- I find the idea that Perkin Warbeck was one of the missing princes a fascinating and brilliant piece of fiction, especially due to the emotional dynamics and upheaval it will produce when his uprising fails and Henry ultimately puts him to death (along with Teddy) as a Pretender. (Though, to be honest, reading those chapters in the book made me sick. I hope I don’t have to see him brutalized beyond recognition, to disguise how much he resembles his sister the queen!)
- I thought this was a fairer and more even-handed representation of Margaret Beaufort. She is still devout, and has her moments of sheer meanness, and there’s one instance where she tells Lizzie something the real Margaret, as a rape survivor, would never tell her (now get on with it, and do your duty), but overall I think she’s more empathetic than the representation in The White Queen, and less of a radical religious nutcase.
- I love the relationship between Lizzie and Maggie; as first cousins they were very close, and it’s nice to see that dynamic represented on screen. Gregory has a habit of pitting women against one another, so it’s great to see females as friends. Maggie’s love and fear for her brother is also gut-wrenching.
- I love seeing early Tudor history! Since we never get to see Henry’s early months on the throne, seeing him call traitors before him, hearing about him putting properties under attainder, and trying to figure out how to wrangle the politics of a changing regime make the little historian’s heart in me happy.
- Elizabeth “the Witch” Woodville: I thought Gregory turning the Woodvilles into witches was one of her more brilliant ideas; it lends a supernatural twist to events, it allows for a lot of foreshadowing, and it resurfaces here, with Elizabeth questioning her own “powers” (do her curses work or not?). Since her mother, the fabulous Jacquetta of Luxembourg, is long dead, she has no one to turn to who has a strong sense of the magic in their bloodline. Nice touch.
- It’s classier than its predecessor. The White Queen felt like lite-porn at times, but so far this series hasn’t shown any nudity (thank you for not exploiting your actresses… yet) and its sex scenes haven’t been gratuitous. I fully expect that to change, but thank you for a decent first episode.
- The cast. Part of me wishes they had continued with the original cast (minus Lizzie), in part because the “other” Margaret Beaufort was so memorable, but this one is solid, and seems more serious going forward. Margaret is less of a psycho, either intentionally or due to a nuanced performance.
WHAT I HATE:
- The rape. Despite the screen writer’s attempts to reverse it into “feminism,” the fact remains that Henry still drags Lizzie into his room, forces her onto a bed, and has sex with her. That she “consents” by telling him to get on with it does not make it okay. That she mocks how quick it was after, is not a feminist statement; since she had no choice but consent, she did not consent. He is still a rapist, she is still a rape victim, and to call it anything else is rape apologetic bullshit. I loathe this plot line. I hated it in the book, and I despise it here. Lizzie and Henry had one of the more loving marriages in British royal history. He was faithful to her, and her death devastated him. To reduce their love affair to rape is sick, repulsive, and slanderous. Henry was enough of a paranoid bastard on his own (and I say that with love); he doesn’t need to be a rapist too.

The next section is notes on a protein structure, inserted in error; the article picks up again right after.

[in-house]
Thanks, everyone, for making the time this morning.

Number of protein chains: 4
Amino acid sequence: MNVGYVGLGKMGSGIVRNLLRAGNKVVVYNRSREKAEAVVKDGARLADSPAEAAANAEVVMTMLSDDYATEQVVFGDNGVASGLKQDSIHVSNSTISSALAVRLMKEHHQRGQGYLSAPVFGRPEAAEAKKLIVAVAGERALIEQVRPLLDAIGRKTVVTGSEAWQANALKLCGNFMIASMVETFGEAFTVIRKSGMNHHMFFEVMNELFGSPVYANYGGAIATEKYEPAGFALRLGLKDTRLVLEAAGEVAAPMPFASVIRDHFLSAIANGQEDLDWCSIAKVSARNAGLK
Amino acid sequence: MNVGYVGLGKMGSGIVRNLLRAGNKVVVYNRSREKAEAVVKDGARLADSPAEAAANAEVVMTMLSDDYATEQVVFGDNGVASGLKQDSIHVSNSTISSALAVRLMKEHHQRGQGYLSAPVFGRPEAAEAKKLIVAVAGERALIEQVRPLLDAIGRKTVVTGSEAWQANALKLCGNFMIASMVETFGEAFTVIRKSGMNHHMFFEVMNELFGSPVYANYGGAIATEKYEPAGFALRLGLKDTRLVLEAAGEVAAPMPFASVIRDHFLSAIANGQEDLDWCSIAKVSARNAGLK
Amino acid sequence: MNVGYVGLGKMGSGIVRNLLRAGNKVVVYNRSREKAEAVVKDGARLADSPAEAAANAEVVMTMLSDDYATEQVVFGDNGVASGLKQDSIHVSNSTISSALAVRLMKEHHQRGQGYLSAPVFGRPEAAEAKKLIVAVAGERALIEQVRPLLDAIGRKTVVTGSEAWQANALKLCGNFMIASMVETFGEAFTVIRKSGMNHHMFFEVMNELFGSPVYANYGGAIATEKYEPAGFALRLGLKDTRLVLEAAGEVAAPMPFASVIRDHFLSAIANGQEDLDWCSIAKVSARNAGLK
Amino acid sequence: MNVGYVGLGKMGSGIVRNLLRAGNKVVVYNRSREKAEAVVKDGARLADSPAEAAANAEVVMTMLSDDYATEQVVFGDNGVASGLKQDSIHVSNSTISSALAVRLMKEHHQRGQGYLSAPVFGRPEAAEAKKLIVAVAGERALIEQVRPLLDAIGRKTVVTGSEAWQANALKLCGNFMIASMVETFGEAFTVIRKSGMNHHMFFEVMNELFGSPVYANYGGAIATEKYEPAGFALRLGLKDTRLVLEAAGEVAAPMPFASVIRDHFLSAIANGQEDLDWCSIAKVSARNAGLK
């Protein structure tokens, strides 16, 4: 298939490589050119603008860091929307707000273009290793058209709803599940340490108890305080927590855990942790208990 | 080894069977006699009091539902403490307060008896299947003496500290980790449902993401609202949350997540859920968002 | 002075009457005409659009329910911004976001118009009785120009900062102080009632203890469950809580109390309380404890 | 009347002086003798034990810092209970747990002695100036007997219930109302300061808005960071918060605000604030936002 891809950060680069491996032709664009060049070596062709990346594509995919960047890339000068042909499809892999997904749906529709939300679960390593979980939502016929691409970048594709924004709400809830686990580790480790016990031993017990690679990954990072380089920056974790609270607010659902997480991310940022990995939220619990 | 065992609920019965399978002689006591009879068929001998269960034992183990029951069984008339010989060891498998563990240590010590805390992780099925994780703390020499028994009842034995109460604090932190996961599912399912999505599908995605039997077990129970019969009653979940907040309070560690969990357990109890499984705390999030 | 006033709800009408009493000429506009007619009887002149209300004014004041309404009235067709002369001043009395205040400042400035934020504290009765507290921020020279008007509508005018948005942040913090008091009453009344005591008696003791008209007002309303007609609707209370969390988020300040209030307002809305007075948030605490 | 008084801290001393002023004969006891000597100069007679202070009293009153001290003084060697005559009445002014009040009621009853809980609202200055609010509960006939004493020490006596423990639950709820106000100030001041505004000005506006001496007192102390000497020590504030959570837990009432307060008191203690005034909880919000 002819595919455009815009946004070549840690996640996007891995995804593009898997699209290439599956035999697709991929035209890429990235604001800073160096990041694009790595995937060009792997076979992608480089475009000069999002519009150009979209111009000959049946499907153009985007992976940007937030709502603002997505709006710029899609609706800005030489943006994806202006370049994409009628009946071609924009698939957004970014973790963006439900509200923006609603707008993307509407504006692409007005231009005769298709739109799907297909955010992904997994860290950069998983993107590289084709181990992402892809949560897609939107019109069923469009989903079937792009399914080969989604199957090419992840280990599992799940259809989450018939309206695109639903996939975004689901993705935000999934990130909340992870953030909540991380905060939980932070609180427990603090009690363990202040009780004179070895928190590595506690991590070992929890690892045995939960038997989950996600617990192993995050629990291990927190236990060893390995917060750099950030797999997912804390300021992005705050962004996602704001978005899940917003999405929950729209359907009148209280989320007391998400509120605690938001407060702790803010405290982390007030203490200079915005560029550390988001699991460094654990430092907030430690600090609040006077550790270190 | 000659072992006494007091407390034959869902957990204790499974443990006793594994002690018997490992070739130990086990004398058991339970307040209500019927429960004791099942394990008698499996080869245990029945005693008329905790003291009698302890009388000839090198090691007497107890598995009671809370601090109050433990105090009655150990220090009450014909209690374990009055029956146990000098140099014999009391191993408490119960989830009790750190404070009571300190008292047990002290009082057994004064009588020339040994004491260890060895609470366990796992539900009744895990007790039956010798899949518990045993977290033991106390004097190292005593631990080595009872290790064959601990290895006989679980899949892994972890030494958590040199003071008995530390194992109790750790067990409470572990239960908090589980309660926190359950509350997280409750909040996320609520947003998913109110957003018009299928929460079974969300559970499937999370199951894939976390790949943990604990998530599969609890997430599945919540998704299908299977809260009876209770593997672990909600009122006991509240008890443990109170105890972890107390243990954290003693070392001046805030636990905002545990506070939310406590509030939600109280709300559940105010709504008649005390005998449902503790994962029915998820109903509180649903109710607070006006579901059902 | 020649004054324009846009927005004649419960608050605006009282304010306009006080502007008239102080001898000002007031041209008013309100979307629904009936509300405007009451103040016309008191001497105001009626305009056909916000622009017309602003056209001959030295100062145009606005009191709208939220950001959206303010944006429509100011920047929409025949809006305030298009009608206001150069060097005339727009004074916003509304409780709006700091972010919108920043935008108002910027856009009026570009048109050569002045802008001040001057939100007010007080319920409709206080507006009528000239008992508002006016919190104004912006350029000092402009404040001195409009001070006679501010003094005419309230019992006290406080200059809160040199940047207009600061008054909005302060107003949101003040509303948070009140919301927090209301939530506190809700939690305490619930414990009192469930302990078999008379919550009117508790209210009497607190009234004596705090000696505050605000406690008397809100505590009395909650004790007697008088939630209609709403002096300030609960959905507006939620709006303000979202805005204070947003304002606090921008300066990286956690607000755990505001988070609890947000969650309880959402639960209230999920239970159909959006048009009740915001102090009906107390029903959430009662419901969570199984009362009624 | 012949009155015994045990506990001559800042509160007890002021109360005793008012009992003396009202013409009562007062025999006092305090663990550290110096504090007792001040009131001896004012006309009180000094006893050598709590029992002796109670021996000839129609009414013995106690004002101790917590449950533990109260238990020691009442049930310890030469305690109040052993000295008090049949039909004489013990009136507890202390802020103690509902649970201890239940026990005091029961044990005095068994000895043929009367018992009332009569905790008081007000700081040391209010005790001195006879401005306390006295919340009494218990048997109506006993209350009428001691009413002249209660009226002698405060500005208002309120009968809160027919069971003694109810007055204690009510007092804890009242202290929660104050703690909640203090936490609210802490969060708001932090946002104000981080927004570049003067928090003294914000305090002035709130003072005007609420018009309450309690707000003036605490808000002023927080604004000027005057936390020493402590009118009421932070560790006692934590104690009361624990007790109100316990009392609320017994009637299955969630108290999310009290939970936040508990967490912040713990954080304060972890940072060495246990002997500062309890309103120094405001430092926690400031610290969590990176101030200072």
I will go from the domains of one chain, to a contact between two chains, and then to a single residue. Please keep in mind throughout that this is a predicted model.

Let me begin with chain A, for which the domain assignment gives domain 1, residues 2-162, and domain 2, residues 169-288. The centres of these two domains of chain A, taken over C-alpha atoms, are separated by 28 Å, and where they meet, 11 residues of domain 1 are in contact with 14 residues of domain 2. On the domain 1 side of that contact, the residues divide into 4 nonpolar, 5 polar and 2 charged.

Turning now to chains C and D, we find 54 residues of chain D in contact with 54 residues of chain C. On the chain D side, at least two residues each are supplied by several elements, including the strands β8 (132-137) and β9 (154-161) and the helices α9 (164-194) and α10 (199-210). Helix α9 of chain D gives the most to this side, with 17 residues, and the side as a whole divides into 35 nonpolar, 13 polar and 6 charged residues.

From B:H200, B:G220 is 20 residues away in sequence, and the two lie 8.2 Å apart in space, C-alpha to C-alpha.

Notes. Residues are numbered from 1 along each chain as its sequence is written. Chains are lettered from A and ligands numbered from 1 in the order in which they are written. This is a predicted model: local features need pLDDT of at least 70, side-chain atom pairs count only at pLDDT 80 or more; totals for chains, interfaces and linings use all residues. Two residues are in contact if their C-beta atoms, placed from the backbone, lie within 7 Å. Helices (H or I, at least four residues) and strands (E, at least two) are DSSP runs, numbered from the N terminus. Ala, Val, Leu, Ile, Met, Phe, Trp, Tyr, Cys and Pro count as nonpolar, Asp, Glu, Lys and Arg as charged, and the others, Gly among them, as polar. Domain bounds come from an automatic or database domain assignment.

- Richard and Lizzie. Incest is just nasty, and the thought of the beautiful, gracious queen whose likeness still appears as the Queen of Hearts on playing cards shagging her uncle before the Battle of Bosworth Field squicks me out.
- Henry VII. He’s an ass here. He’s also an ass in the book. The writer is going to have to do a great deal to make him “likable” from here on out, if that’s her intention, but I have a feeling he’ll remain a repulsive, emotionally abusive “mommy’s boy” throughout the series, which isn’t fair to Henry VII. I won’t pretend he was anything other than a ruthless and intelligent monarch, who permitted grave financial atrocities during his rule, but he was also a loving father and husband, who pardoned far more people than, as it turns out, he should have, since he hated executing people. I doubt we’ll get to see that here.
- The nonsensical plot: It makes no sense for Elizabeth Woodville to establish Lizzie as Henry’s wife, then plot against him to put “Perkin” Warbeck on the throne, since if “Perkin” won, it would endanger any children Lizzie had with Henry. Kings kill royal claimants to their throne to protect their offspring; it’s what Edward did, what Richard did, what Henry did, what his son did, and what Perkin would have done, so Elizabeth is essentially pitting her own future grandchildren against one another. Is she that stupid?
- Minor annoyances. I appreciate that some of the silhouettes are correct, but the fabric choices, the Burger King crowns, and the beads strung through everyone’s hair, not to mention the enormous amount of “boobage” Lizzie is showing by the end, distract from an otherwise decent production. They also reused the score. The production seems small. Henry’s triumphant ride through London for his coronation looked like what it was – a one block back lot somewhere. And unless you know who some of these people are, you’ll be totally lost trying to keep secondary dukes, duchesses, cousins, and siblings straight.
It was not as bad as I feared, but the backlash has already started online toward Henry VII, which makes the historian in me cry.